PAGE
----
Client: Luka Beograd
Location: Belgrade, Serbia
Surface: 1200 sqm
Category: architecture; residential
Principal in charge: Ana Zatezalo Schenk
Project Team: Mateja Živadinović, Ivana Nenković
3D visualisation: Milan Grubanov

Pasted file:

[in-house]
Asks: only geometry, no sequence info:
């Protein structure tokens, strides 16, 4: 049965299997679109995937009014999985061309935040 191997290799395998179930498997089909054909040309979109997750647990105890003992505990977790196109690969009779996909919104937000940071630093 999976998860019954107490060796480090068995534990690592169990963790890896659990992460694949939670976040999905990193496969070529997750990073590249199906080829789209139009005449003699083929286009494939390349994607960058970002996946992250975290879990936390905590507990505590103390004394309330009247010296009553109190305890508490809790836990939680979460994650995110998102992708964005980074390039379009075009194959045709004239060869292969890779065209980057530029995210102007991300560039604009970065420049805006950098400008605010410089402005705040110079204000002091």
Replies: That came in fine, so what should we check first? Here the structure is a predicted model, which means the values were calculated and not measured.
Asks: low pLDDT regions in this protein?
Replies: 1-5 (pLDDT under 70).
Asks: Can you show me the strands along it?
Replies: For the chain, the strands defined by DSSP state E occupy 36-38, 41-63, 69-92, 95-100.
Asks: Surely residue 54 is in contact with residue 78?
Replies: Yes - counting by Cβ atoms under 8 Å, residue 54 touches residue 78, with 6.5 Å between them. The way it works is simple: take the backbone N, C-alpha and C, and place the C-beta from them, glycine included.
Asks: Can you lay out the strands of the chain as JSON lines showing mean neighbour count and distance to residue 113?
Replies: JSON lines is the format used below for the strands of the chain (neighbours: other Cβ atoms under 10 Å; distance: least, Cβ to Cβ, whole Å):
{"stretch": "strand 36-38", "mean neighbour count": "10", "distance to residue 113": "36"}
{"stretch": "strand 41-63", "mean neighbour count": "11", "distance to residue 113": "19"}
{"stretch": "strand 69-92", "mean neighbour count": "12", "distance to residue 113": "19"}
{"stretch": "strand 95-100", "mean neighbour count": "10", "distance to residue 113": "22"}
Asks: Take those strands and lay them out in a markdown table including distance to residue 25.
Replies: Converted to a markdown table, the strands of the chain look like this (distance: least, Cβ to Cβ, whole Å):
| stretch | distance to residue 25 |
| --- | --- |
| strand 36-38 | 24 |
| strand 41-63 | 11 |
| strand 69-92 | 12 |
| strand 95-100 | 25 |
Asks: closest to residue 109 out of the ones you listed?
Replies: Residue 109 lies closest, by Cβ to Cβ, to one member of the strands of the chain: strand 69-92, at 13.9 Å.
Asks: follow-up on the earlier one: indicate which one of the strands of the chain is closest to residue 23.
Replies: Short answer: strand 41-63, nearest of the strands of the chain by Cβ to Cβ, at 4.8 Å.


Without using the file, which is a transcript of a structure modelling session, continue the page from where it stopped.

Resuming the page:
In the historical centre of the Karaburma municipality lays one of the most significant marks of the Industrial Revolution on early XX century Serbia, the Belgrade Wool Mile (BWM). Mixed-use development and growth of new inner-city centres in Belgrade has been noted as one of the successful steps local government is taking in order to attract new investors and create more liveable neighbourhoods. Initial steps in development of a new BWM were entrusted to the partnership of Sinestezia Studio and Beovest Capital as the main buildings of the industrial area are protected as cultural heritage of great significance. It is planned to be the new commercial centre of the city.Therefore, the first step was to think about rules which will drive future development of the area and will have repercussions on protected buildings. Through a six months period we facilitated interaction between stakeholders and passed through more than 5 concepts which finally ended with one which is seen as win-win solution. Also, we have provided set of guidelines which established a path for detailed design in the future. The project was running on two tracks. The first was to define possible interventions on the protected buildings and the second was to connect them with surrounding public space. As a difference in ground level of about 10 meters exists between future square and plateau, looking North and South of BWM, it was a challenge to connect them and make vibrant liveable spaces. Therefore, the inner square was elevated and became closer to the rest of the city by 7 meters. Further, pedestrian axis was established, starting with the square in front of the historical buildings of this part of the city, which leads to the river of Danube. Protected buildings, on the ground floor level, are occupied by public amenities, while additional floors are planned for offices. It was important to preserve the old look of the historical buildings, as well as to separate and highlight them over the new additional parts. Finally, a balance between old and new has been established as commercial needs are not in collision with public demands to protect what is the identity of this part of Belgrade.